The speech included measures to make it easier for businesses to engage in("fracking") of . The Institute of Directors said laws "must be updated if the UK is to enjoy the benefits of our shale potential", specifically by scrapping laws on to allow the gas extraction to occur. The also support such a reform: "While fracking may be unpalatable to some, it is absolutely essential, and business will support legislative measures to exploit Britain's shale gas deposits". Activists from fenced off Prime Minister home in with a sign reading "We apologise for any inconvenience while we frack under your home", and delivered a 50 cheque — identified as the maximum compensation suggested for property owners.
Simon Clydedale fromUK said of the fracking proposals: "The prime minister is about to auction off over half of Britain to the frackers, including national parks and areas of outstanding natural beauty like the Cotswolds. Fracking won't deliver energy on a meaningful scale for years, if ever, by which time we'll need to have moved away from dirty fossil fuels and towards high-tech clean power if we're to head off dangerous climate change."
, MP, spoke in opposition to the fracking proposals after the Queen's Speech: "Not only does this bill defy public opinion, it denies people a voice. To allow fracking companies to drill under people's homes and land without their permission is to ignore public interest in pursuit of the vested interests of a few." A poll conducted by found 74% of respondents opposed the plans.
Following the Queen's Speech, politicians from all parties debated the direction of the government in the year ahead.
Prime Ministersaid that the Queen's Speech showcased "a packed programme of a busy and radical government", whose "long-term economic plan is working but there is much, much more to do", and it would "take the rest of this Parliament and the next to finish the task of turning our country around".
leader said: "We would have a Queen's Speech with legislation which would make work pay, reform our banks, freeze energy bills and build homes again in Britain. A Queen's Speech which signals a new direction for Britain, not one which offers more of the same."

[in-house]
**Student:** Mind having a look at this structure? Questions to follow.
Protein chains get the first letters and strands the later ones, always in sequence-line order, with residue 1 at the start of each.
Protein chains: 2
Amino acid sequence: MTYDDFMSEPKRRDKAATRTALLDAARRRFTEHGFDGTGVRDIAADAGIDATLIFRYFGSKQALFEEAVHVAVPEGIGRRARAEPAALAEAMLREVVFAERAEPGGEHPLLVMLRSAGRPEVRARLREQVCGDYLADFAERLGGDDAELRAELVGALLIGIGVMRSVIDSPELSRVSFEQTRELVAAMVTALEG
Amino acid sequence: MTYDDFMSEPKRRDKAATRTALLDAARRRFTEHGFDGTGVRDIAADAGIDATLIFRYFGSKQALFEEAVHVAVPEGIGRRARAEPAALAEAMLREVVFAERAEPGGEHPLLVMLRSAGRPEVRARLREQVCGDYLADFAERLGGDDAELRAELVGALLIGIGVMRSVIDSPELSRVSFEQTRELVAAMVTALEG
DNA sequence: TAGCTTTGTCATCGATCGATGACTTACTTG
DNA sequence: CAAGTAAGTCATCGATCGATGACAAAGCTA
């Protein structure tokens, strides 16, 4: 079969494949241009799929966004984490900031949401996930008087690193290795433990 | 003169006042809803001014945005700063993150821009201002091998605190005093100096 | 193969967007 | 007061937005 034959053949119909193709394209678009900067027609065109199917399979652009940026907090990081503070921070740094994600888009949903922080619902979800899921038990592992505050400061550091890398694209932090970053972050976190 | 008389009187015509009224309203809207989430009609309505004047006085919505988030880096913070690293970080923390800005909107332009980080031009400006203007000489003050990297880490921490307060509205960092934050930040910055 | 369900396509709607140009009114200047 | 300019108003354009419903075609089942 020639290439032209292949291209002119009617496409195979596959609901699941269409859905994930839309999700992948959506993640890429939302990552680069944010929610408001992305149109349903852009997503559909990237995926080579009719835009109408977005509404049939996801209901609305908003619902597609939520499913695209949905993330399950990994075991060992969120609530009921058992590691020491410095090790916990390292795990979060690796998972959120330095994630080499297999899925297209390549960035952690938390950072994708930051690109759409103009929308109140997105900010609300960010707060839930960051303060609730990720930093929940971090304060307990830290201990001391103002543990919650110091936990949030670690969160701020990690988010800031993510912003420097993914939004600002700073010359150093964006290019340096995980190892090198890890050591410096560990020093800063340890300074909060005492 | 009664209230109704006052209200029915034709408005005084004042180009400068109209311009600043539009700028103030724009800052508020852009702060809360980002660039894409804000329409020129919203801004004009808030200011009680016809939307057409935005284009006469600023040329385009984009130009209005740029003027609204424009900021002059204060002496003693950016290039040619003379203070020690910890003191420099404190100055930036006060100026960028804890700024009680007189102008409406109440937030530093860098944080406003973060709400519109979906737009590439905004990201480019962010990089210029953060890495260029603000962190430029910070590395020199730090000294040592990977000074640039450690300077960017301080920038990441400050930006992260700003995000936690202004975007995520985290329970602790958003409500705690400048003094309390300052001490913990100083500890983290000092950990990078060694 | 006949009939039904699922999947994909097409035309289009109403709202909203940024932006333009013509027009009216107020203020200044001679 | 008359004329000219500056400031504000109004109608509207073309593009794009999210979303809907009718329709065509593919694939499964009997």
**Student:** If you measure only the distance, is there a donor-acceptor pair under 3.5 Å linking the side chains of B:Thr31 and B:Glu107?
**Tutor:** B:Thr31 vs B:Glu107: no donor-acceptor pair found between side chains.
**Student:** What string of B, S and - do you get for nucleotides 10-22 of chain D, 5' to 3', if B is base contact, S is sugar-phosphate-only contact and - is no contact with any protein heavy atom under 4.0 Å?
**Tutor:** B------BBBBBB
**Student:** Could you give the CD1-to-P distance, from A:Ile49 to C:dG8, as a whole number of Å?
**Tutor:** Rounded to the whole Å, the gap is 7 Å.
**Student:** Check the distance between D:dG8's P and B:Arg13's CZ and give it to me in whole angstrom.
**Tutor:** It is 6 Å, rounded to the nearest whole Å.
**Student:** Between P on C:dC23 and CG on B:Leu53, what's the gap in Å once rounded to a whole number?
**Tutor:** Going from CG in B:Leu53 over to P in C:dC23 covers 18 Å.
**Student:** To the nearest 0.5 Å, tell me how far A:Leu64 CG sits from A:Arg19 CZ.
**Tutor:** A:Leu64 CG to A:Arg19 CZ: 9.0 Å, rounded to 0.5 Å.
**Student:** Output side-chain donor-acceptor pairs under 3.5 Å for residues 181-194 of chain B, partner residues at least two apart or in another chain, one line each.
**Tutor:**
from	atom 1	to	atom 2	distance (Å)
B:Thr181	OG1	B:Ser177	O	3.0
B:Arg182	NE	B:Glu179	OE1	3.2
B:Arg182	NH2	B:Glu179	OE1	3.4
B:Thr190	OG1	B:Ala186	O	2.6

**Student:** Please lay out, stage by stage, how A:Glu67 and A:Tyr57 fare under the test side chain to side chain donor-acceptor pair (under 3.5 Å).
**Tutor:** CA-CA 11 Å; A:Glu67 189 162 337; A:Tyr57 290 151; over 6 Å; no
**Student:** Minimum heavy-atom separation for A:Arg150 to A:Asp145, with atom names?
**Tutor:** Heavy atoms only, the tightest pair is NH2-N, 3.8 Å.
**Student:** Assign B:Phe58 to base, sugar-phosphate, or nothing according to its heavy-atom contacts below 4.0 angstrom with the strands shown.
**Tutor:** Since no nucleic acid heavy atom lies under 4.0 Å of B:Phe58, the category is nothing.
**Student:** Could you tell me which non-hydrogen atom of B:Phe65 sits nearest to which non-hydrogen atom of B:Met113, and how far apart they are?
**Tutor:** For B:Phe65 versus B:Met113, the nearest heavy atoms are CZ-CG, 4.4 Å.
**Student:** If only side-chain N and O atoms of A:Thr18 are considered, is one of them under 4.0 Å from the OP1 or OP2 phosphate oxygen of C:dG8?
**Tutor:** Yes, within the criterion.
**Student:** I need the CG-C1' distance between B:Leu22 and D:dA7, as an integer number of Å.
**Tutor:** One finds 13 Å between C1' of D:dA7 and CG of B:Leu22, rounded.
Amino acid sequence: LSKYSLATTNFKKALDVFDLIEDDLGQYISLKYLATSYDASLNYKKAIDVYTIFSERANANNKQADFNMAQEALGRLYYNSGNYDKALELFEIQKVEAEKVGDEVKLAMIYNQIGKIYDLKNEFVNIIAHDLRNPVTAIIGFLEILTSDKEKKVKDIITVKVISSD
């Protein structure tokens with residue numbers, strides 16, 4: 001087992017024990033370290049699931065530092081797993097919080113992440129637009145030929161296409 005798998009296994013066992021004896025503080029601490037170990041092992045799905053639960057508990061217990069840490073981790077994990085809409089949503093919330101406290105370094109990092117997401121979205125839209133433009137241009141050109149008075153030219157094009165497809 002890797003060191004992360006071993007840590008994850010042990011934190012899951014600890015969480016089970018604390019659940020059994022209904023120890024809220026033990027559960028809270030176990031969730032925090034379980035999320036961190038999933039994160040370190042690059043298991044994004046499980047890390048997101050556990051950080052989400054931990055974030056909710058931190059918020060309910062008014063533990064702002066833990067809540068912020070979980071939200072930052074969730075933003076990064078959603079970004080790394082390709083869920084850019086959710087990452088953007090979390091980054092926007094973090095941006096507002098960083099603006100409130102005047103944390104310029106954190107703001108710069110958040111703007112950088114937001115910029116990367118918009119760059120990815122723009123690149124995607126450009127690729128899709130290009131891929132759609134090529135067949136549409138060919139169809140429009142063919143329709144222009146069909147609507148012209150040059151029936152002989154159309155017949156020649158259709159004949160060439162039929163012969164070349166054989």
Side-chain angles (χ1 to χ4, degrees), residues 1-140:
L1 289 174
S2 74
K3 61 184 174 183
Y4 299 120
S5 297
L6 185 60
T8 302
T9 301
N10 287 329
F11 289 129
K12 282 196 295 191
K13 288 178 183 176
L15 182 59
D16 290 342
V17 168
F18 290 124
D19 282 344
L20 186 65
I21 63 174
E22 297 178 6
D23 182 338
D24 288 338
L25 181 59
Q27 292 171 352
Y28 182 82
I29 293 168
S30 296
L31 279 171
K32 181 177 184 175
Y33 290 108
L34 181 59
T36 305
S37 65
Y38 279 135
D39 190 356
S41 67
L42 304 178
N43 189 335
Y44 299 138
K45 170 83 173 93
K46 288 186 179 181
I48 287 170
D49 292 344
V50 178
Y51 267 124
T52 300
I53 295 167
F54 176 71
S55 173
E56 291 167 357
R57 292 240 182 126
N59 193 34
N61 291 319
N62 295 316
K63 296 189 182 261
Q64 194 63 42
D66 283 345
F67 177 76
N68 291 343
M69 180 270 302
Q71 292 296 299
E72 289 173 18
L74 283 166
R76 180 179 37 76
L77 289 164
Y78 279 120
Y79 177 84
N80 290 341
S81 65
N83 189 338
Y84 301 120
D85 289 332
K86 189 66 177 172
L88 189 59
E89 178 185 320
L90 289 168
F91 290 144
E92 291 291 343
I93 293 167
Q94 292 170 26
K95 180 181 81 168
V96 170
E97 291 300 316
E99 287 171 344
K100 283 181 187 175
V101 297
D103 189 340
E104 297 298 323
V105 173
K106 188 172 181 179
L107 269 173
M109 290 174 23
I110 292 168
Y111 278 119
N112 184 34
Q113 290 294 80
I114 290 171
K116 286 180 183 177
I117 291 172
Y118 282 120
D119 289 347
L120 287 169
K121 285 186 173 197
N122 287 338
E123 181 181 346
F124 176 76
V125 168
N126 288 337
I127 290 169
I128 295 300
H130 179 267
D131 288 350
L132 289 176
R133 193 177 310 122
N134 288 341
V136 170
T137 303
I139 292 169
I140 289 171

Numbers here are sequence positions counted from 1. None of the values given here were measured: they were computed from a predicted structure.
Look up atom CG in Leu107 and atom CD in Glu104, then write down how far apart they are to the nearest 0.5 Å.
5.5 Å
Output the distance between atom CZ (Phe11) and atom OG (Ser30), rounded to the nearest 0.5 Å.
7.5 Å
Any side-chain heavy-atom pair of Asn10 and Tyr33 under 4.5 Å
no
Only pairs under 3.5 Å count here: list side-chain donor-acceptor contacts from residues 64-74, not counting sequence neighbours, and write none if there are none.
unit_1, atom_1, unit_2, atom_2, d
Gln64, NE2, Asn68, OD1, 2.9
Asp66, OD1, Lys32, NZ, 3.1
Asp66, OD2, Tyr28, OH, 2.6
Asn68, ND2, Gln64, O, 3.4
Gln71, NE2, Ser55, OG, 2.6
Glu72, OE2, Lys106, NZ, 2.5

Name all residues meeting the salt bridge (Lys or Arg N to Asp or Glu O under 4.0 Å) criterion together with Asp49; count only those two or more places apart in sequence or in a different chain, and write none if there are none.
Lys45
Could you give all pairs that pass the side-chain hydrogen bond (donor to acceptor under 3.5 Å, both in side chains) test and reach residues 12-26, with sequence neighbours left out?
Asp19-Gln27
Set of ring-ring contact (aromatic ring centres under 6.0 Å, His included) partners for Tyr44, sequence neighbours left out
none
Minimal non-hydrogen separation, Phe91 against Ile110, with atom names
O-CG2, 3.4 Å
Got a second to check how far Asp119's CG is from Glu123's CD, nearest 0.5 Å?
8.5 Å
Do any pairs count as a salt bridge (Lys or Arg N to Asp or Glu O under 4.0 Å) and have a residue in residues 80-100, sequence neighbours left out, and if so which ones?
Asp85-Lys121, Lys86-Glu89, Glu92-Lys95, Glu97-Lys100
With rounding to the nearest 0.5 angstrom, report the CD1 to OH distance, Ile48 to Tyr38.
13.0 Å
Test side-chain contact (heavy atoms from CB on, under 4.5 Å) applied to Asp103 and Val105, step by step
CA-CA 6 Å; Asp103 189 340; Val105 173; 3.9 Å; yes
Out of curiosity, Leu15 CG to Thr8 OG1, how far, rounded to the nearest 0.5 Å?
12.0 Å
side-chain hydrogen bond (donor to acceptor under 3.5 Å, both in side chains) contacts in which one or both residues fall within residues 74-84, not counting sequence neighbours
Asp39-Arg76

Cameron described Miliband as having a "rag bag, pick-and-mix selection of statist Seventies ideas [... a] revival of's policies paid for by 's money" — a reference to controversies surrounding the substantial funding Labour gets from trade union .
president said of the Queen's Speech: "I suspect the pensions proposals will be around for a generation or more and will be remembered. It's about making sure they are fairer, cheaper, more secure, more reliable and potentially better for people."
MP said: "This was an uninspired Queen's Speech delivered by a government that has well and truly run out of steam."
, the leader of the in Westminster, said the Queen's Speech barely mentioned : "The absence of any mention at all of the Westminster parties' plans for Scotland in the Queen's Speech is extraordinary. [...] In this – the year of the biggest opportunity in Scotland's history – Scotland hardly even gets a nod at Westminster, and not a single mention of future plans for improving government in Scotland."
The speech made brief mention of Scotland: "My government will continue to implement new financial powers for the Scottish Parliament and make the case for Scotland to remain a part of the United Kingdom."
- "Nick Clegg: I agree with critics of the Recall Bill" — , June 5, 2014
- David Maddox. "Independence referendum at heart of Queen’s speech" — , June 5, 2014
- "Queen's Speech 2014: The full transcript" — , June 4, 2014
- Zachary Davies Boren. "David Cameron’s house ‘fracked’ by Greenpeace" — , June 4, 2014
- Damian Carrington. "Queen's speech: fracking to get boost from trespass law changes" — , June 4, 2014
- Tom Brewster. "Life sentences for serious cyberattacks are proposed in Queen's speech" — , June 4, 2014
- "Voters 'duped over recall bill', says Zac Goldsmith" — , June 4, 2014
- "David Cameron hails 'busy and radical' Queen's Speech" — , June 4, 2014
- Louise Armistead. "Queen's Speech: IoD calls for trespass laws to be scrapped for fracking" — , June 3, 2014
- Tim Ross. "Ministers prepare radical pension reforms" — , May 31, 2014
- Fracking trespass law changes opposed by 74% of British public, poll finds" — , May 6, 2014. "